A clinical-stage diagnostics firm founded out of research carried out at Strathclyde has raised almost £10 million for its novel technology for early detection of multiple cancers.
The funding will allow University spin-out Dxcover Limited (formerly ClinSpec Dx) to develop its Liquid Biopsy Platform.
Series A funding of £7.5 million was provided by existing investors led by Eos Advisory LLP, along with investment from the University of Strathclyde, Mercia Fund Management, Scottish Enterprise, Social Investment Scotland Ventures and Norcliffe Capital. Boston-based life science investor Mark Bamforth of Thairm Bio also joined the round as Dxcover continues to develop its U.S. network.
The company also received a grant of £2.2 million from the European Innovation Council, following a rigorous competitive process.
Dr. Mark Hegarty, CEO of Dxcover, said: “This is a very significant funding milestone in our mission to detect cancer early and improve survival and quality of life for patients.
“Having demonstrated our multi-cancer capability, we can now focus on building the pipeline of organ-specific tests, beginning with a multi-center study for CE IVDR marking of the Dxcover Brain Cancer test.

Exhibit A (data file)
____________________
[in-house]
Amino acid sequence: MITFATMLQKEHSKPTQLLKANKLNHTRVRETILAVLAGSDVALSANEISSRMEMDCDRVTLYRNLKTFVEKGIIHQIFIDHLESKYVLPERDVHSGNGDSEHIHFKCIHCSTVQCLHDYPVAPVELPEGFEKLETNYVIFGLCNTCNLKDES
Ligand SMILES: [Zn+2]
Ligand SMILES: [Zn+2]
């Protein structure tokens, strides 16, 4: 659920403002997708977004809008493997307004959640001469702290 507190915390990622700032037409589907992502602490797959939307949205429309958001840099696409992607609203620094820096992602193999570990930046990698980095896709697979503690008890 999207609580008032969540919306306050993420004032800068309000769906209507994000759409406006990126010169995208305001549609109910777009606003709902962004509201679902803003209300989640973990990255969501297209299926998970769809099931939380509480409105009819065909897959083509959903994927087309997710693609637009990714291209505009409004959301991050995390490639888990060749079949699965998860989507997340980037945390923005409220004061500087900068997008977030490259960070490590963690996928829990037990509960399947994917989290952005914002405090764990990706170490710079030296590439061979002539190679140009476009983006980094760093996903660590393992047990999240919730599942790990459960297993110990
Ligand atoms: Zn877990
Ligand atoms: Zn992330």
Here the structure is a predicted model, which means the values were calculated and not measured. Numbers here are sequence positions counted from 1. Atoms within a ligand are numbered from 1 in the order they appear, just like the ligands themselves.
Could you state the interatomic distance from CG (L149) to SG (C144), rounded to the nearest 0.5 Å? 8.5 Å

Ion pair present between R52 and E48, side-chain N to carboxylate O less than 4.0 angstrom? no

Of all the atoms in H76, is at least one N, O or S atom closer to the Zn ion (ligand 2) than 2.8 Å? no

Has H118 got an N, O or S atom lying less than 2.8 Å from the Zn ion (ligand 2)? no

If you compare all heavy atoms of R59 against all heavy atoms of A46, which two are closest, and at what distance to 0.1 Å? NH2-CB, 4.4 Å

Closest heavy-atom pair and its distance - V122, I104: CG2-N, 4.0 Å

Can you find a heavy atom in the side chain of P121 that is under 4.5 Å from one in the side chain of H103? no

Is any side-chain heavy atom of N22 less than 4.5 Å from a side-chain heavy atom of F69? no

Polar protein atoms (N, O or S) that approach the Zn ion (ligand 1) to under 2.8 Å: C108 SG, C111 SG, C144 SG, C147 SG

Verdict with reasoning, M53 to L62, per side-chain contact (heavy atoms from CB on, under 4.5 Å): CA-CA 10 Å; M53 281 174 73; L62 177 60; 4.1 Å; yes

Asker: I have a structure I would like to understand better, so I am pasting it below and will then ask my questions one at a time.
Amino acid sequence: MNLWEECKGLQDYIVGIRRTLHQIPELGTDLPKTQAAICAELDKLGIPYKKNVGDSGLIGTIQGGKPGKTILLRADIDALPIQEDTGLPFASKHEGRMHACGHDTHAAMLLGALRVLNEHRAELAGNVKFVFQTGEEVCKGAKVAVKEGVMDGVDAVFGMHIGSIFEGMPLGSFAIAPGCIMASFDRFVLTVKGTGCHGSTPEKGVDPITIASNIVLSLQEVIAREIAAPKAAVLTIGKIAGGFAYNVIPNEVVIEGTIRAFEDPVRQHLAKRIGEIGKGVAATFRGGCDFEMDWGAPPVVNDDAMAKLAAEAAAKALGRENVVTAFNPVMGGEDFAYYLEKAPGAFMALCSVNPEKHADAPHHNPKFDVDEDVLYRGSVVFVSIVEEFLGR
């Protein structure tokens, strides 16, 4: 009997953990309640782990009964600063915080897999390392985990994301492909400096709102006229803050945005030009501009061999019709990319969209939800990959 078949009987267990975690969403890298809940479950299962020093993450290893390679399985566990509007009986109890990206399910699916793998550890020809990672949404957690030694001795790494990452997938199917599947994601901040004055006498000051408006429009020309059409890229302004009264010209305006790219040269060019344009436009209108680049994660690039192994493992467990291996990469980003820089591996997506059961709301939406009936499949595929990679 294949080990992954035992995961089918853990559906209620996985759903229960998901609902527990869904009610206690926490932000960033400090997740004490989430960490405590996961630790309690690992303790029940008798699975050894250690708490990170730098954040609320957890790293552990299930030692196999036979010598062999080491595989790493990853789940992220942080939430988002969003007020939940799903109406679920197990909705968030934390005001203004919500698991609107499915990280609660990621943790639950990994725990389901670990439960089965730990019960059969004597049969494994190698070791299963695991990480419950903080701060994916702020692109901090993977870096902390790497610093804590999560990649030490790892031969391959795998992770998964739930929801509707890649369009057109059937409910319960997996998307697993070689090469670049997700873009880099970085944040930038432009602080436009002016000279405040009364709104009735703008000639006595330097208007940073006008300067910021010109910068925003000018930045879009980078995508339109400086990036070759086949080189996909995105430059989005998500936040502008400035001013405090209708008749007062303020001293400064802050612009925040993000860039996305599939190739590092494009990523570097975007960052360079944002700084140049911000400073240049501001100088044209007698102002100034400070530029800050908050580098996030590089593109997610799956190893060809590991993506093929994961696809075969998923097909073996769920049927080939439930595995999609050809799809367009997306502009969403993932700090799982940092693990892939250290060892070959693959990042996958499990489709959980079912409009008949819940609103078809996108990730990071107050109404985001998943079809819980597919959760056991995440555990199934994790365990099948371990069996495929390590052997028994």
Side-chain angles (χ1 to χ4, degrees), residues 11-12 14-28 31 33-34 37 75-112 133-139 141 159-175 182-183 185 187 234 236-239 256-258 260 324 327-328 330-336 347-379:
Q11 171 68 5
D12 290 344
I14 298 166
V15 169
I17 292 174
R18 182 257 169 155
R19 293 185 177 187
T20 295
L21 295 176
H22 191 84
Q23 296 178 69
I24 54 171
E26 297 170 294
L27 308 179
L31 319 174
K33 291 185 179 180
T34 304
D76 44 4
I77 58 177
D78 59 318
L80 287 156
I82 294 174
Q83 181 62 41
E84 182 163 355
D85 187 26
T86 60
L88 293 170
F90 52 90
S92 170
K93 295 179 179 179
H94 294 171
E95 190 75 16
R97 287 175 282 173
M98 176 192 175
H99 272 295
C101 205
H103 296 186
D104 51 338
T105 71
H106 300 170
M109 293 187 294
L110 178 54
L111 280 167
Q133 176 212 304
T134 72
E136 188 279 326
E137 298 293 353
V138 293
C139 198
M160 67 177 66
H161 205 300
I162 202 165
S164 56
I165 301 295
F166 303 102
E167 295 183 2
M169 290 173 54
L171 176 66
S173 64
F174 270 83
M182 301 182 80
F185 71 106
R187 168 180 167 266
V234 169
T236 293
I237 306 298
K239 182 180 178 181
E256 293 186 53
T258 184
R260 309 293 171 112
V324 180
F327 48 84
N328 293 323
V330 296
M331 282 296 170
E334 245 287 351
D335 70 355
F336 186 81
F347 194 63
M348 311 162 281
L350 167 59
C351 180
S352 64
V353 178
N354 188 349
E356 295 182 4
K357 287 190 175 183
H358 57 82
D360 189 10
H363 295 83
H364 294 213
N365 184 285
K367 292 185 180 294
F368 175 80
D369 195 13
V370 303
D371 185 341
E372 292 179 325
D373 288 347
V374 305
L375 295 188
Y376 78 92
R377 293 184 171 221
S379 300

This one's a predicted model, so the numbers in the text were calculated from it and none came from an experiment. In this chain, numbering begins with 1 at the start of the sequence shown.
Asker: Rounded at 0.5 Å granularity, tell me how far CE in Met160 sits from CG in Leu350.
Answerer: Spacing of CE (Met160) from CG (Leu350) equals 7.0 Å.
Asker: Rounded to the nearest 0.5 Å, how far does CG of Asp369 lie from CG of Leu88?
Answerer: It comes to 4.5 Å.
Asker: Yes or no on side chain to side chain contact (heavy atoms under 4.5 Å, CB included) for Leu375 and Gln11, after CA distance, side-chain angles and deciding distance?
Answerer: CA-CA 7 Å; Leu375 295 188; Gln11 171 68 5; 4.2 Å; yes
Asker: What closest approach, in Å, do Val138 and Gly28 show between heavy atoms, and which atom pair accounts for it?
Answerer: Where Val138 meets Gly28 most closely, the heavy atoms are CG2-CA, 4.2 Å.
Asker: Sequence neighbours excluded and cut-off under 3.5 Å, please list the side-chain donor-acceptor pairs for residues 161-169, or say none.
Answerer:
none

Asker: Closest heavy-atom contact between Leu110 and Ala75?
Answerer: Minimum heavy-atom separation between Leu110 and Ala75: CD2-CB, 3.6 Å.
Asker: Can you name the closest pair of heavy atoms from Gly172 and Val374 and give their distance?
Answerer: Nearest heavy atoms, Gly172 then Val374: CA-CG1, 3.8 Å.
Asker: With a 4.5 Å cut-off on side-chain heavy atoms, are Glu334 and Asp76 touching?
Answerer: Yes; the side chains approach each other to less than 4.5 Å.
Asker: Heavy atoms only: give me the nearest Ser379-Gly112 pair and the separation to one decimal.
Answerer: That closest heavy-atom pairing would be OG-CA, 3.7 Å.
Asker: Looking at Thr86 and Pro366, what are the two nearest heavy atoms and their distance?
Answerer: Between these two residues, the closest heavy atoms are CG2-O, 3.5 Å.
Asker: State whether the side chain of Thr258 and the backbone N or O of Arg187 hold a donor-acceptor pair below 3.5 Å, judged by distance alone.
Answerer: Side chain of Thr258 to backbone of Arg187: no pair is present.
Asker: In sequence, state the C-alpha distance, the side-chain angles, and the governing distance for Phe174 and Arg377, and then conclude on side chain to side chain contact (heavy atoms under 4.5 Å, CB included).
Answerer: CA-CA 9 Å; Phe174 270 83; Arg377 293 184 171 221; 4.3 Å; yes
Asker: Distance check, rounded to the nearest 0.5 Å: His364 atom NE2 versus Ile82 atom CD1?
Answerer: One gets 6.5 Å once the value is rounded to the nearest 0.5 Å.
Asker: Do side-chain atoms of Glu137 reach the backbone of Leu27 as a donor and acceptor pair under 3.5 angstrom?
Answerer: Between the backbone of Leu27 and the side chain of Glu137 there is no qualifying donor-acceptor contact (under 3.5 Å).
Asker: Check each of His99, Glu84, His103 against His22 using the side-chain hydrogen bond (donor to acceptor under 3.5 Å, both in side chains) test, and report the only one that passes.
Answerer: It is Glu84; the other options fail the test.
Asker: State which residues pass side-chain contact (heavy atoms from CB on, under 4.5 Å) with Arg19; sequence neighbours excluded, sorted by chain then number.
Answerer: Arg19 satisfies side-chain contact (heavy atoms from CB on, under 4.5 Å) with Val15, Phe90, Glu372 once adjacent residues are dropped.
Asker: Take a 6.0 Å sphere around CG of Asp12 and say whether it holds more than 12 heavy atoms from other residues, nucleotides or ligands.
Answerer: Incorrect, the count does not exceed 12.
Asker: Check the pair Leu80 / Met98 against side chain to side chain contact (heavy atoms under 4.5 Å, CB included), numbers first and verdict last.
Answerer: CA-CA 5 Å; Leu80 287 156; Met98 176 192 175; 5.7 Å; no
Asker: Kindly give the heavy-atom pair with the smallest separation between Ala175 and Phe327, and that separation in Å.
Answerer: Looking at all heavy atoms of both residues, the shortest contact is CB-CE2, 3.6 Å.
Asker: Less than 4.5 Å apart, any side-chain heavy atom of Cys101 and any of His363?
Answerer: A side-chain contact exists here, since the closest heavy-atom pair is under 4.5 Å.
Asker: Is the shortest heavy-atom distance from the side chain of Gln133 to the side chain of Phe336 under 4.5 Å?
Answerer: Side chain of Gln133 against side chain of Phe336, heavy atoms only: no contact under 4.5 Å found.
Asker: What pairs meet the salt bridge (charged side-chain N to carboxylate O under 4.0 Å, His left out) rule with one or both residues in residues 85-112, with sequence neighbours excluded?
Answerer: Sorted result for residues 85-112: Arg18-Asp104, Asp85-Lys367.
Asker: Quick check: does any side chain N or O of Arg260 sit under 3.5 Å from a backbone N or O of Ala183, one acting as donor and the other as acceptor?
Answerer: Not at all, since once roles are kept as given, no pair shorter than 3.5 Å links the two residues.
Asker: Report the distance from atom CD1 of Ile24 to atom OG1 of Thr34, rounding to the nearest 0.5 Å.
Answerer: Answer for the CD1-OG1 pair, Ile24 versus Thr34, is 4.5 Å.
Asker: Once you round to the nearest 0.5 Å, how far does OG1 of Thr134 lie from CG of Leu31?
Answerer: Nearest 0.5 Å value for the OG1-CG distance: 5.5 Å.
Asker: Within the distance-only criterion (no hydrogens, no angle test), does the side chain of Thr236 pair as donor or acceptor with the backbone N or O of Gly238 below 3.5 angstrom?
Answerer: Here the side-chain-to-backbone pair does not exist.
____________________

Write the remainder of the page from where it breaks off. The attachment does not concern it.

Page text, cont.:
“We will also expand our data on colorectal cancer, one of the leading causes of death worldwide, and continue our work on collaborative projects.”
The novel liquid biopsy platform utilises infrared spectroscopy to analyse patient blood samples and artificial intelligence algorithms to detect the presence or absence of disease.
Having initially proven the technology in the detection of brain cancer, the company expanded to eight cancers in 2022 and demonstrated enhanced ability to detect early-stage tumors with the Dxcover Platform.
Researchers Professor Matthew J Baker, Dr Holly Butler, Dr Mark Hegarty, and Dr David Palmer founded the company out of research at Strathclyde.
The award-winning company spun out from the University’s Department of Pure and Applied Chemistry in February 2019.
Dr Poonam Malik, Head of Investment at Strathclyde, said: “It is exciting to support the University of Strathclyde spinout company Dxcover with a follow-on investment in this funding round through the Strathclyde Inspire Investment Fund (SIIF) along with other existing co-investors.
Dxcover is an early-stage company whose technology promises effective early detection of a wide range of cancers, delivering significant cost and potential efficacy benefits over existing cancer detection platforms.
"Early clinical results relating to multi-cancer detection have been positive and the company now intends to target industry partners to prove and commercialise applications for organ-specific cancers. A successful outcome for Dxcover will deliver strongly against many of the University’s strategic ambitions.”
Professor Baker, said: “Early detection of cancer requires analysis of all the vital signals that are present in early-stage disease. Our pan-omic analysis surveys all of these vital signals and delivers new data.
“Our approach is complementary to other technologies and has the ability to enhance them.”